Supreme collusion

October 12, 2007

Step by step, the freedoms, the accountability and the confidence in justice that Americans used to take for granted are being shorn away, and that "What next?" feeling leads too often to shrugged shoulders rather than real outrage.

This week, the Supreme Court colluded with the administration to give the government legal immunity even when it abducts and tortures innocent people. All the government lawyers have to do is utter the magic phrase "state secrets" and apparently even the most appalling cases of misconduct can be granted a free pass, and draped in a cloak of darkness.

The abuse of Khaled el-Masri - a German citizen who was kidnapped, flown to Afghanistan, subjected (according to his lawyers) to "enhanced interrogation techniques," kept in custody for three months until the CIA realized his was a case of mistaken identity, and then kept in custody for two months more, and finally dumped, bewildered, on a hillside in Albania - was bad enough.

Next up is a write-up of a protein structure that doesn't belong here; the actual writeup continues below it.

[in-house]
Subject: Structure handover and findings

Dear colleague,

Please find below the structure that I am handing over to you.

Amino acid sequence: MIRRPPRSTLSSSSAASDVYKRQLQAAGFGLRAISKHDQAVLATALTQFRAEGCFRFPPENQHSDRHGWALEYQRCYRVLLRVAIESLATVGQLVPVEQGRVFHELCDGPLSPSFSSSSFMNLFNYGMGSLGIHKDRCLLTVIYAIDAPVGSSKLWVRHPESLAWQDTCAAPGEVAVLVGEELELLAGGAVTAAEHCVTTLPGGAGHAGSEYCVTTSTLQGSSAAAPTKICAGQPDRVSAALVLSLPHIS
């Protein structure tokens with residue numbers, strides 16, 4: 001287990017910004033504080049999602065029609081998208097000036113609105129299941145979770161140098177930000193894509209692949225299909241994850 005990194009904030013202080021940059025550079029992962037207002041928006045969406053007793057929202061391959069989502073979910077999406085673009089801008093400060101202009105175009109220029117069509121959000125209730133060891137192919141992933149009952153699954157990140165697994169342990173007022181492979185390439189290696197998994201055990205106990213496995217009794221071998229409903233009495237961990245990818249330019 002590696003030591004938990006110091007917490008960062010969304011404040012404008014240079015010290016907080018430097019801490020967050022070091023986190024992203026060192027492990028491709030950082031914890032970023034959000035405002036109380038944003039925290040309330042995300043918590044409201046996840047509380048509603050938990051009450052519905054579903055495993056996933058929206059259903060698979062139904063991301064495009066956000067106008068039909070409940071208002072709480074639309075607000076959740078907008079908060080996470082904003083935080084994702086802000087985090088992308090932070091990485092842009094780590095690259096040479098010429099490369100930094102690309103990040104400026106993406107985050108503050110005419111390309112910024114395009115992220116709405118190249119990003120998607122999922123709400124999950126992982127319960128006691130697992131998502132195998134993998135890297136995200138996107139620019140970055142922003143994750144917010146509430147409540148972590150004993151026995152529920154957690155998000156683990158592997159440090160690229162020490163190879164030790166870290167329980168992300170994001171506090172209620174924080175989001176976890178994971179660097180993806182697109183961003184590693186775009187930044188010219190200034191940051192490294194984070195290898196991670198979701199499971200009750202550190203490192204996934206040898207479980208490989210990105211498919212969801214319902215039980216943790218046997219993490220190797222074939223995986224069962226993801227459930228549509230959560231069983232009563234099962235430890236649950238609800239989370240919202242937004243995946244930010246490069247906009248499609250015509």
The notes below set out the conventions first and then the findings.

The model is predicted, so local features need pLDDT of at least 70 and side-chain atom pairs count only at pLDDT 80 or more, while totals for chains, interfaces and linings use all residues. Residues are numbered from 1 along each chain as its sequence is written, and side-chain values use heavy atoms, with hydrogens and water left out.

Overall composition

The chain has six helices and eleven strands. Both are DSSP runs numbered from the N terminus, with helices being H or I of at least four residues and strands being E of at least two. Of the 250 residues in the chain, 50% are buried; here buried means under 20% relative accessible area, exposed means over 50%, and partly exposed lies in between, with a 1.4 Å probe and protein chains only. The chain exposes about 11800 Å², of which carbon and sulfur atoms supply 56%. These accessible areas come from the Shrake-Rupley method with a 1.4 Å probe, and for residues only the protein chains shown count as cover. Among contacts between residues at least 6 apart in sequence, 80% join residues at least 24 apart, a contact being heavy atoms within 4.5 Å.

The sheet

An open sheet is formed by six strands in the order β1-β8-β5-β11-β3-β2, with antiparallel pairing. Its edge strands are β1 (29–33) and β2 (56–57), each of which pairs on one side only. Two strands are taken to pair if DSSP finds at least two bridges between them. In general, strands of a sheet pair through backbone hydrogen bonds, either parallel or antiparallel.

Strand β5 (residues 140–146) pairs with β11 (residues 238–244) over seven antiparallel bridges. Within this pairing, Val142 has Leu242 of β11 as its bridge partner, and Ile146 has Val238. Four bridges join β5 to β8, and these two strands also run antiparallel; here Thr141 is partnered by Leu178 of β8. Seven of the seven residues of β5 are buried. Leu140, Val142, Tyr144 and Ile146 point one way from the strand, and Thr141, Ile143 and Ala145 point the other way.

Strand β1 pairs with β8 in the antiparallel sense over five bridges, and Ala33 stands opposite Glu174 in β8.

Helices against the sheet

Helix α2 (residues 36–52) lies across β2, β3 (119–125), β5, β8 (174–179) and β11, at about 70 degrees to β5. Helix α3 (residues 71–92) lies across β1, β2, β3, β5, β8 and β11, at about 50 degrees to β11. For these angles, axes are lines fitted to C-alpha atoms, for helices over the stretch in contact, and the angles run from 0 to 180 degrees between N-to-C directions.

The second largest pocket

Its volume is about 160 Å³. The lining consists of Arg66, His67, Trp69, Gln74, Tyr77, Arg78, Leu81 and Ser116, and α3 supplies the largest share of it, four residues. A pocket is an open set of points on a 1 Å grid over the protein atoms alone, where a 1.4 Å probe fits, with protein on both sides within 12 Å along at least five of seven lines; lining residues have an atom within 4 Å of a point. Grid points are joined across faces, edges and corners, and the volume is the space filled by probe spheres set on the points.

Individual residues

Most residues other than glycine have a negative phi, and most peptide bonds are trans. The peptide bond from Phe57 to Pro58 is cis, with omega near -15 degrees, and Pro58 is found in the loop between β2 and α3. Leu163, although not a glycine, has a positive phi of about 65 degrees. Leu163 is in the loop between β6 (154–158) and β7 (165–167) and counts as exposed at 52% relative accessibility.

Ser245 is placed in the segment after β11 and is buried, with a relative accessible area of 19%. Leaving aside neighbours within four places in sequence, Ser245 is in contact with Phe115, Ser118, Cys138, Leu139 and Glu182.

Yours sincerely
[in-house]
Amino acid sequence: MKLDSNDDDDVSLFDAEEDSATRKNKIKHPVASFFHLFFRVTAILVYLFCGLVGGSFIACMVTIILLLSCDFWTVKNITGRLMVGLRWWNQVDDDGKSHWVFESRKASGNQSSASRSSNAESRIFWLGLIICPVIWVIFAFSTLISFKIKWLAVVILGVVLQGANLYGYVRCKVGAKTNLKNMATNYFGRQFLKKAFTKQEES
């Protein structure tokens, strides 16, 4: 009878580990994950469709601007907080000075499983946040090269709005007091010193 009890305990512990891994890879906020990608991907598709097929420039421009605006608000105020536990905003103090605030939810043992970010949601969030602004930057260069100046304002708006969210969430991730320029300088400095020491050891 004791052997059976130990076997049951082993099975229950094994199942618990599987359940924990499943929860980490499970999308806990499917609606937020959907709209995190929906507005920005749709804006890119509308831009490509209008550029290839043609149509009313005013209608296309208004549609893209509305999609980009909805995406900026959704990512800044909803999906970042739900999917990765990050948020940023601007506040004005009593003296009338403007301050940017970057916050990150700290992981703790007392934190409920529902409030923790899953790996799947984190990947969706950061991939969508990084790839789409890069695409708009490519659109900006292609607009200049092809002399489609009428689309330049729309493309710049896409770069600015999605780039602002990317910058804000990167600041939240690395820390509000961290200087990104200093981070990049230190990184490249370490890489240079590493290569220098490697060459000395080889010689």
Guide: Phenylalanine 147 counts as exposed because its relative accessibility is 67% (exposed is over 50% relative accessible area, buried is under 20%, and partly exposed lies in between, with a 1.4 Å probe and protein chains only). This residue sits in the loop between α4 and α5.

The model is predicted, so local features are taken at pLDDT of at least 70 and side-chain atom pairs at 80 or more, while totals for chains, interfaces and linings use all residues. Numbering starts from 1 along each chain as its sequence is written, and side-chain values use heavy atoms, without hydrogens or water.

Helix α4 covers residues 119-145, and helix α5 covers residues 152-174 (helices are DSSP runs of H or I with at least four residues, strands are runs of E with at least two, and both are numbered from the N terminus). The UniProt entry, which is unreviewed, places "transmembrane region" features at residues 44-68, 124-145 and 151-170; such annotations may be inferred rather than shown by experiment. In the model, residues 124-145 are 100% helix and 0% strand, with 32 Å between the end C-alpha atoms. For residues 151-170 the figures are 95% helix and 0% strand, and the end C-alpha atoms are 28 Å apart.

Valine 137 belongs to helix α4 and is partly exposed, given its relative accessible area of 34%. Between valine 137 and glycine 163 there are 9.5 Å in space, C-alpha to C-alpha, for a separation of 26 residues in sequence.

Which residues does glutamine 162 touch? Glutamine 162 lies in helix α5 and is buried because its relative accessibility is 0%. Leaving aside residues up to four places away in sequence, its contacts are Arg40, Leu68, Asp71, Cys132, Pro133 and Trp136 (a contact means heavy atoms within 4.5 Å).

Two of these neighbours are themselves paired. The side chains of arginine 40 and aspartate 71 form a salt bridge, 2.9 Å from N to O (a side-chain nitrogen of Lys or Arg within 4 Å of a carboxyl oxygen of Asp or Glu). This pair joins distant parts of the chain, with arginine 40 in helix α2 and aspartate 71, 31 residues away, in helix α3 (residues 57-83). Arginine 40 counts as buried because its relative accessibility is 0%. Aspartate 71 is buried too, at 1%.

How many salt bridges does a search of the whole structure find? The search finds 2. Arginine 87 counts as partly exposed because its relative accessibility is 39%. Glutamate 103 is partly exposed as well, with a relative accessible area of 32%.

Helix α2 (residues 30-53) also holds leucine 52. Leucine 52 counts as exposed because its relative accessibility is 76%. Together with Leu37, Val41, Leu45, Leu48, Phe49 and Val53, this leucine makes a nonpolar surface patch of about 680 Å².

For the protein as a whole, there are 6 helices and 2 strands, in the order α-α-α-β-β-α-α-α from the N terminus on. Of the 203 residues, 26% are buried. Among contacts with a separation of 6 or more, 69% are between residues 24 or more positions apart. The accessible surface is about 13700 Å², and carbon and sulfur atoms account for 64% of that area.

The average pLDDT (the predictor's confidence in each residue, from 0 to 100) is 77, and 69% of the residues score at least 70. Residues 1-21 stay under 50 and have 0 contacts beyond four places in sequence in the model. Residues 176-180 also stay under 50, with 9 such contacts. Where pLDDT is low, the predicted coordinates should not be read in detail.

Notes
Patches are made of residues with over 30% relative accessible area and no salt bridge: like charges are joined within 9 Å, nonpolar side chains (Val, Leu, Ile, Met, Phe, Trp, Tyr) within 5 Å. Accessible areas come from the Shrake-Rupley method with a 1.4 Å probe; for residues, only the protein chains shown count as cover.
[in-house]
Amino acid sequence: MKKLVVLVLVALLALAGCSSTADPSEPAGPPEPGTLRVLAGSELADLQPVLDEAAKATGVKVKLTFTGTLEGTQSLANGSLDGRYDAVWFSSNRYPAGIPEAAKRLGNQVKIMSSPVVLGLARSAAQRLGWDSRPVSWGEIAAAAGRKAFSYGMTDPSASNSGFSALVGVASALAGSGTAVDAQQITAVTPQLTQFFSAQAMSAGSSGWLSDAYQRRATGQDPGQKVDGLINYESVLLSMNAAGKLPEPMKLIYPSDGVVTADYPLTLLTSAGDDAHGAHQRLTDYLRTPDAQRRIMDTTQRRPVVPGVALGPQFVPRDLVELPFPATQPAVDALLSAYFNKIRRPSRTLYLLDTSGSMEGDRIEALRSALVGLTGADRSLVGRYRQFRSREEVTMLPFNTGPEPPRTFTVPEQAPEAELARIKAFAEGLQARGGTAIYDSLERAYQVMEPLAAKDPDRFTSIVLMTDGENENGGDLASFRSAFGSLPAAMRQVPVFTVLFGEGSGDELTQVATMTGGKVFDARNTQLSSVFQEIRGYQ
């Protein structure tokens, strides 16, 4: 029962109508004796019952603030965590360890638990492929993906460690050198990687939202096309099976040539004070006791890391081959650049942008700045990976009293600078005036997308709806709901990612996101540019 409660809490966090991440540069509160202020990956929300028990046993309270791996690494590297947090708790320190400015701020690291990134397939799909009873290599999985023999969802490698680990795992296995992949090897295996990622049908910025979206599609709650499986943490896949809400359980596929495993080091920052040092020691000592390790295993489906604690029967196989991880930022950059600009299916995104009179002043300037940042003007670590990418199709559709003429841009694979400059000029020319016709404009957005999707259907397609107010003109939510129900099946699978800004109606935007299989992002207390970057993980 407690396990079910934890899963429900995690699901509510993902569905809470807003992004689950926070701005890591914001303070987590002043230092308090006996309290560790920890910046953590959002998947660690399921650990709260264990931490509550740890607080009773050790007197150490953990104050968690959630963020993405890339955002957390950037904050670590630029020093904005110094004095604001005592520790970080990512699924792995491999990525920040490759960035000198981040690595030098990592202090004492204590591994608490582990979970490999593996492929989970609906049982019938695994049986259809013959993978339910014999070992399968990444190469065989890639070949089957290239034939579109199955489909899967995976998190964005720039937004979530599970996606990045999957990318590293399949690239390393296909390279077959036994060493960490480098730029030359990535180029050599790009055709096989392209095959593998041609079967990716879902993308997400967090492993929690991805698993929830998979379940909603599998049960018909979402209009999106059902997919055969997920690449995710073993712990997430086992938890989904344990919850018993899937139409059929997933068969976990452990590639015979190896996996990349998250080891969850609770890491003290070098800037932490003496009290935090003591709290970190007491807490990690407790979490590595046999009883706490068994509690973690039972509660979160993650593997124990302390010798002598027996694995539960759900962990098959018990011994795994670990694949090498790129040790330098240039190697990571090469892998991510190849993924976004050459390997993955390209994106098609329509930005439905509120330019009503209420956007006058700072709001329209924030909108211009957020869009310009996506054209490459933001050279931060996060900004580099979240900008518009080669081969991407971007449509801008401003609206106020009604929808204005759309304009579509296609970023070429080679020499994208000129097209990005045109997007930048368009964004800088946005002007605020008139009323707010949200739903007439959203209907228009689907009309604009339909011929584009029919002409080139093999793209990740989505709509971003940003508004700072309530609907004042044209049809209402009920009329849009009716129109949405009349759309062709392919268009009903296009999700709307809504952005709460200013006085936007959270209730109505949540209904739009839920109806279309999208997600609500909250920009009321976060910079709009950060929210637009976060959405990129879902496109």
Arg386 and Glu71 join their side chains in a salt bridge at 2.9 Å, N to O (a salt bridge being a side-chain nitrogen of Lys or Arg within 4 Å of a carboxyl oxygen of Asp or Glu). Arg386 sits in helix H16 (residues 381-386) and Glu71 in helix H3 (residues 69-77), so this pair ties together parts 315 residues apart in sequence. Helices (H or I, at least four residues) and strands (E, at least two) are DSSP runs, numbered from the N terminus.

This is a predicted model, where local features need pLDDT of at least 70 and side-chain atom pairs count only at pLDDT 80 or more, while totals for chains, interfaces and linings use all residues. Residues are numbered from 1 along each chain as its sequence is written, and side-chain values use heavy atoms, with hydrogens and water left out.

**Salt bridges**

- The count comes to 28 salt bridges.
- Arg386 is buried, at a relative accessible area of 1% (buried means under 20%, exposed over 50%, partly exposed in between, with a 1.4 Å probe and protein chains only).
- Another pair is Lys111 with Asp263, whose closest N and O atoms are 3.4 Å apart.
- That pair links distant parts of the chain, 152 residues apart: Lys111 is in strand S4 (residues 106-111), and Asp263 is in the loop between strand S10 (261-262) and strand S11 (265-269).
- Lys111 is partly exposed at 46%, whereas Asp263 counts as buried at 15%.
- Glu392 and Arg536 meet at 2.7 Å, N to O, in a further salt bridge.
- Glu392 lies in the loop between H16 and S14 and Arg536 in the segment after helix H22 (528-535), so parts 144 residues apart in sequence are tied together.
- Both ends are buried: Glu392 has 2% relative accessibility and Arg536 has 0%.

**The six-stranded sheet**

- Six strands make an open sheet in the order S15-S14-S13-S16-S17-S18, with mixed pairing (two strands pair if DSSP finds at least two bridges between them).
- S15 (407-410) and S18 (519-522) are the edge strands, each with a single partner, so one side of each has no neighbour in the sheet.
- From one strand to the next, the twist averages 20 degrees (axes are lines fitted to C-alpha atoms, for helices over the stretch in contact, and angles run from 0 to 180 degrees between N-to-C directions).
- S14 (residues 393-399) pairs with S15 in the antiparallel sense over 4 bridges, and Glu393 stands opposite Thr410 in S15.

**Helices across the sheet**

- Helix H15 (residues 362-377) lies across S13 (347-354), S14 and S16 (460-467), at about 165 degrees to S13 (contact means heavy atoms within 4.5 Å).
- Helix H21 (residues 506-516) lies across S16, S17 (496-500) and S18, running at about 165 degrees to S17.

But the abuse of the American legal system - confirmed this week when the Supreme Court refused to take up the case and thereby let stand a lower court ruling dismissing his lawsuit on secrecy grounds - was in many ways more deeply troubling, because of the license it gives the government to act unilaterally and recklessly in the future.

The lower court had relied on the precedent of a 1950s case in which some evidence was excluded during a lawsuit because of government claims that sensitive intelligence was involved. (That was apparently a lie.) But with Mr. el-Masri's lawsuit, the courts are tossing out an entire case because the government doesn't want it litigated. The whole world knows about the CIA's practice of "extraordinary rendition," and the whole world knows about the American use of torture, so it's alarming to think that there may be further outrages that would be revealed if the case went to trial.

A German court charged 13 CIA agents with Mr. el-Masri's abduction (which took place in Macedonia). Last month, the German government said it wouldn't pursue those charges - but given the abdication of the American legal system, it might want to reconsider. It seems now that the only place to look for justice in this case would be in a German courtroom.

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